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Should CEOs Take a Pay Cut to Avoid Layoffs and Cutting Jobs? It's Complicated, Experts Say Former Nintendo CEO Satoru Iwata famously took a 50% pay cut in 2013 to avoid layoffs and pay employee salaries.

By Sherin Shibu

Key Takeaways

  • Sony announced layoffs on Tuesday, cutting 900 jobs in its PlayStation division.
  • In the face of layoffs, some employees are asking why CEOs won’t take pay cuts, like former Nintendo CEO Satoru Iwata, who famously cut half of his salary to save jobs in 2013.
  • CEOs make nearly 400 times as much as the average worker.
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On Tuesday, Sony announced layoffs that will impact 900 jobs in its PlayStation division, or about 8% of the unit's staff worldwide. The move follows other video game layoffs this year, such as Microsoft's decision to let go of 2,000 people in its gaming division and Unity Software's "company reset" which involved eliminating 25% of its workforce.

In the face of layoffs, some employees are asking why some CEOs don't take pay cuts, similar to what former Nintendo CEO Satoru Iwata did in 2013 when he took a 50% pay decrease to avoid layoffs.

Related: Snap Inc. to Cut 10% of Total Global Workforce in 'Difficult Decision to Restructure'

Iwata stated at the time that even though "some employers publicize their restructuring plan to improve their financial performance by letting a number of their employees go" he decided not to do that because "at Nintendo, employees make valuable contributions in their respective fields, so I believe that laying off a group of employees will not help to strengthen Nintendo's business in the long run."

Satoru Iwata, former president of Nintendo Co., speaks during an interview in Tokyo, Japan, on Thursday, May 8, 2014. Credit: Tomohiro Ohsumi/Bloomberg via Getty Images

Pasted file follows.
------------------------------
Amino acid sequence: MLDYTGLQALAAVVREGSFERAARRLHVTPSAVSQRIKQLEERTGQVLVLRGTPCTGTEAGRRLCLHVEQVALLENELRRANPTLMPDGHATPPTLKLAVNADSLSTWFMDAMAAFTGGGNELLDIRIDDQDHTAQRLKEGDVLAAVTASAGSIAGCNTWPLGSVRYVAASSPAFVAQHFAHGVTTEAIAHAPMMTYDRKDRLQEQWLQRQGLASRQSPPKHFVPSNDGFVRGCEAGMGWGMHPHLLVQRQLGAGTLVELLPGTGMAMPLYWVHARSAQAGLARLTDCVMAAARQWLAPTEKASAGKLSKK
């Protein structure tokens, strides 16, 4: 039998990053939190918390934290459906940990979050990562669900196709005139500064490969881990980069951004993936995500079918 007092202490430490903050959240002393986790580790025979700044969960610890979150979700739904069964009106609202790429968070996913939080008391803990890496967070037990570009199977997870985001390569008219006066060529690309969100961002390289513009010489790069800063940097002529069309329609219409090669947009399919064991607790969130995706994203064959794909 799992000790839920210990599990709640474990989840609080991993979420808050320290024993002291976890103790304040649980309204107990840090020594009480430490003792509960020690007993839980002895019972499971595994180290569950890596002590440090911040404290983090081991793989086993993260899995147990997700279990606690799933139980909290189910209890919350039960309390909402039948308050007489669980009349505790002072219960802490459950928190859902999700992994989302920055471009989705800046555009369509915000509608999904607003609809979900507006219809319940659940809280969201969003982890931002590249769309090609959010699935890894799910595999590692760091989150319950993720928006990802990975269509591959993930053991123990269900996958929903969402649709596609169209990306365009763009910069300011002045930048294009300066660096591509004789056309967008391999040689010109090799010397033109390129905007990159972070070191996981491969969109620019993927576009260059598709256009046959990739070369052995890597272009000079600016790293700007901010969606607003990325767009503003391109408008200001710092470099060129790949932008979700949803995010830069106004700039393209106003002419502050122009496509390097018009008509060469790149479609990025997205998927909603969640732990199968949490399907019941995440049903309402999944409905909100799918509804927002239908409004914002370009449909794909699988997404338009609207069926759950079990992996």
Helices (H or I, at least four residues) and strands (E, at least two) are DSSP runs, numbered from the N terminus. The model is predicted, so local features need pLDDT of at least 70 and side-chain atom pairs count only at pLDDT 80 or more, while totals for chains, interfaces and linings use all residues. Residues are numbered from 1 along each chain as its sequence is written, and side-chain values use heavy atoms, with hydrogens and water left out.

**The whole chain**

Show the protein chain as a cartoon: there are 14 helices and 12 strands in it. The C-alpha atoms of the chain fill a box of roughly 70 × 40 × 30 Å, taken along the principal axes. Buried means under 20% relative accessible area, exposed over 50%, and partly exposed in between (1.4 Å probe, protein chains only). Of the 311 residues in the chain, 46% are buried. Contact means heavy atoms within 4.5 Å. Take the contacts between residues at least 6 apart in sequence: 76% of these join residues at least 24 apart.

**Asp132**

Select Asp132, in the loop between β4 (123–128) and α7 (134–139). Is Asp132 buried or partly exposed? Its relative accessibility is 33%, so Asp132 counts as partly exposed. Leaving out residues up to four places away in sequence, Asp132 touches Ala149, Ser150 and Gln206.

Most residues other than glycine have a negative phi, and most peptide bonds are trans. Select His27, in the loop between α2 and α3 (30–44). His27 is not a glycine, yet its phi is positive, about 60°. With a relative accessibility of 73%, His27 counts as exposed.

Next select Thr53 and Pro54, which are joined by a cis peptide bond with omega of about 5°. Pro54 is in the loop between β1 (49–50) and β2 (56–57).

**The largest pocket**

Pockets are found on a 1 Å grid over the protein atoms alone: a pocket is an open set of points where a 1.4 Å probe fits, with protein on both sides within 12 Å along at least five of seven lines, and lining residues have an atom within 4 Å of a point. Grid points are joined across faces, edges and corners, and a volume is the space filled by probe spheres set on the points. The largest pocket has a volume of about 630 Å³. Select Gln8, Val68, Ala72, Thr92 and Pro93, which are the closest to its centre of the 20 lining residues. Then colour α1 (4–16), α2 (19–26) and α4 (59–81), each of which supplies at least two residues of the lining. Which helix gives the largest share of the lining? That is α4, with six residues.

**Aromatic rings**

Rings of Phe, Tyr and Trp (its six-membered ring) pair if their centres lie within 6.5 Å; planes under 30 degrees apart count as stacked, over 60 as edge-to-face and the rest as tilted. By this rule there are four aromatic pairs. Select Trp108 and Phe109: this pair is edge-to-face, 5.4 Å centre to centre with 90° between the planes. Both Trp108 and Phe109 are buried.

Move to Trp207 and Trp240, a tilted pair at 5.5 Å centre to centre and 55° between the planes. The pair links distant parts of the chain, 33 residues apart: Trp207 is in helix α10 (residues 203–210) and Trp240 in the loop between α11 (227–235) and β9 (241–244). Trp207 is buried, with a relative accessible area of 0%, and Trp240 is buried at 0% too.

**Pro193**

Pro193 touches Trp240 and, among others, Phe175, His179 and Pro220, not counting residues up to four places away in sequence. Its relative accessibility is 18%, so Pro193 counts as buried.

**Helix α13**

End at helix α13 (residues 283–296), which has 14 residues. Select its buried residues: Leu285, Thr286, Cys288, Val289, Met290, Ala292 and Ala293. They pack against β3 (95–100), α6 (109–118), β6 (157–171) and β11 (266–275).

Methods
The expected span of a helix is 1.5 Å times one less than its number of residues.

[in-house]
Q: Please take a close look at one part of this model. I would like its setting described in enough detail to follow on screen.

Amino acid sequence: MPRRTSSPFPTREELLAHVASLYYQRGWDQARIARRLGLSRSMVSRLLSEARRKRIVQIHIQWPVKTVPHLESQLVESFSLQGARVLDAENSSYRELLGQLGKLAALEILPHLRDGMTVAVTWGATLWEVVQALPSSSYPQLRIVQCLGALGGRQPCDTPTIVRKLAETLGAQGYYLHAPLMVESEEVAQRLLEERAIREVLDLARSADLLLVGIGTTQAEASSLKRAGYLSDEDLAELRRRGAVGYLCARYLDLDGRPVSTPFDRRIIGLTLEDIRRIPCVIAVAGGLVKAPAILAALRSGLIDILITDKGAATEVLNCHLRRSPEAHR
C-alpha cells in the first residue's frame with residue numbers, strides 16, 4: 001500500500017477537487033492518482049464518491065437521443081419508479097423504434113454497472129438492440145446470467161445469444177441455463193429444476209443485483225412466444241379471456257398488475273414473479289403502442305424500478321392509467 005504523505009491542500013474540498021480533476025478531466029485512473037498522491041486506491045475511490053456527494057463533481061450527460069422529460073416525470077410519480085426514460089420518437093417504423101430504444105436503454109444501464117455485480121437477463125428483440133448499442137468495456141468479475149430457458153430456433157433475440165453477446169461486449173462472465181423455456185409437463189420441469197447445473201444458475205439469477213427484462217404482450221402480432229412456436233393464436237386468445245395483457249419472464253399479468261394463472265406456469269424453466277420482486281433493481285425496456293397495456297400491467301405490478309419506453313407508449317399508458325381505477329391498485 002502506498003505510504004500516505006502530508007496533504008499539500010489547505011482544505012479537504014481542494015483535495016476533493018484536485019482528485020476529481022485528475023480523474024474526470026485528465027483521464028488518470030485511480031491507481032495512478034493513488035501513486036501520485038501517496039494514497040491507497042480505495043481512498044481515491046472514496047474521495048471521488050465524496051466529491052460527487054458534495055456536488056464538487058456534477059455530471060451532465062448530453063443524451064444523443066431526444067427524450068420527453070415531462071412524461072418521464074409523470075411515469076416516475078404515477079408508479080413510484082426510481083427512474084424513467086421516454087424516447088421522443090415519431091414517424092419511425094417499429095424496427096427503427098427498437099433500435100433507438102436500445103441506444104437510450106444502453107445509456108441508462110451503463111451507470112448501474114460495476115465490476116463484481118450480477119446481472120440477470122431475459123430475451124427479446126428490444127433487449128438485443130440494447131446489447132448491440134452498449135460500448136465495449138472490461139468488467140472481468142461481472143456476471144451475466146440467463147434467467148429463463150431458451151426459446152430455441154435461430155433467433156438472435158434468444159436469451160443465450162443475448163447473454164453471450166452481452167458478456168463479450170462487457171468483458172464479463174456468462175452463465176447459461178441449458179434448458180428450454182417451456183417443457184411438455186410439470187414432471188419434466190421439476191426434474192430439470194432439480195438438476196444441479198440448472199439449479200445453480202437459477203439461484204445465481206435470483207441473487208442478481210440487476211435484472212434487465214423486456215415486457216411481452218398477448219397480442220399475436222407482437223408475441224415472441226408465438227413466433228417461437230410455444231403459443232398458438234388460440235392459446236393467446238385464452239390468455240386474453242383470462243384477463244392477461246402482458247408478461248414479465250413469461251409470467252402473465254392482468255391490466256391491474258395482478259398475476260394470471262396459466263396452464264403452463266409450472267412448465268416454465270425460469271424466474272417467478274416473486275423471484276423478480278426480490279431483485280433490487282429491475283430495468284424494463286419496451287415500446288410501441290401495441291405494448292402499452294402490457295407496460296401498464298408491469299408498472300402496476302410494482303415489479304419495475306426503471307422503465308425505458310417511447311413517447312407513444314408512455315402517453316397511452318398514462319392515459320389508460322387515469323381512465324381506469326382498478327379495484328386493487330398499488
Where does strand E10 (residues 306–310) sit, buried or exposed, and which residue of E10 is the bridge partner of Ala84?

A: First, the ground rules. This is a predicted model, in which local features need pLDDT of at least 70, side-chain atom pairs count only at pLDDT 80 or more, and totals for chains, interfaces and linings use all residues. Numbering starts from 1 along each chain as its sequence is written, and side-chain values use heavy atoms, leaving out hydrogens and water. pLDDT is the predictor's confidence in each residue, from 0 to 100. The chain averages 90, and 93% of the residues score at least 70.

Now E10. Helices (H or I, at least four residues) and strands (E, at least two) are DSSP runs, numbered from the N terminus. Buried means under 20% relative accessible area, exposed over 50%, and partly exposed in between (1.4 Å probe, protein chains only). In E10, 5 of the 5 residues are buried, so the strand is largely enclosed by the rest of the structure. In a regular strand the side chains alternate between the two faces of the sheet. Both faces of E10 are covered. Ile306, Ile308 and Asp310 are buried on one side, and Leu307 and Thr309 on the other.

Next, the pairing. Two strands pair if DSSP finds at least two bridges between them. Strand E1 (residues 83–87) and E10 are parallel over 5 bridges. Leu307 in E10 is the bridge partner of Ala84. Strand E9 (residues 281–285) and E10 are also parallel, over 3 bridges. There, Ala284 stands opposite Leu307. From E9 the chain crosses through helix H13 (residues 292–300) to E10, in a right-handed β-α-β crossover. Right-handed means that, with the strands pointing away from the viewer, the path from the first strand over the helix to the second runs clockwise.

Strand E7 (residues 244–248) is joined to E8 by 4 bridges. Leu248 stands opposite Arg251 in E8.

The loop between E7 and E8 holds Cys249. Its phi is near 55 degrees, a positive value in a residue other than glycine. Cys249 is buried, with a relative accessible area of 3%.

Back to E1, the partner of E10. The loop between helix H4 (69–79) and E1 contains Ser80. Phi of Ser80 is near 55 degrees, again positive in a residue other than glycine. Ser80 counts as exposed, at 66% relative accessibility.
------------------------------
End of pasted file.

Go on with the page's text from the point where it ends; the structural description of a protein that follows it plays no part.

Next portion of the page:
Some CEOs have already followed suit.

Zoom CEO Eric Yuan took a 98% pay decrease to his $301,731 salary last year and decided not to take his 2023 corporate bonus after the company laid off 15% of its team or around 1,300 people.

In a 2023 Resume Builder report, 66% of executives surveyed said that they took a salary cut in the last six months — 94% of which said it was to prevent or reduce layoffs.

Related: How Companies Decide Who To Lay Off

Still, salary isn't the only means of compensation for a CEO, so some pay cuts aren't as sacrificial as they seem. Yuan, for example, controls more than 13% of Zoom directly, according to Bloomberg, which places his fortune at an estimated $5 billion. And CEOs still make nearly 400 times as much as the average worker.

Here are two reasons CEOs might not decrease their salaries to avoid eliminating jobs:

1. The Math Doesn't Add Up

CEOs who don't take pay cuts might cite economic reasons. According to Chris Williams, a former VP of HR at Microsoft, some CEOs might believe that cutting their salaries in half wouldn't make the same economic impact as laying off employees; the numbers wouldn't balance out.

At companies like Google or Microsoft, eliminating 10,000 employees "saves them about a billion dollars a year in costs," Williams wrote in Business Insider. "Cutting the CEO's salary entirely would save just 0.2% of that."

Related: Woman Goes Viral After Recording Her Disastrous Call With HR After Being Let Go: 'They Tried to Gaslight You'

2. Companies Don't Need To Retain Existing Talent

Iwata took a pay cut to keep morale high as Nintendo employees worked on the profitable Switch console, which came out in 2017.

Nintendo "needed to retain that talent," executive coach Rohan Verma told CNBC, and a CEO who follows Iwata's lead by taking a pay cut has to ensure that "the company's strategy is still sound, or that the products they're offering are still right for the market."

Sherin Shibu

Entrepreneur Staff

News Reporter

Sherin Shibu is a business news reporter at She previously worked for PCMag, Business Insider, The Messenger, and ZDNET as a reporter and copyeditor. Her areas of coverage encompass tech, business, strategy, finance, and even space. She is a Columbia University graduate.

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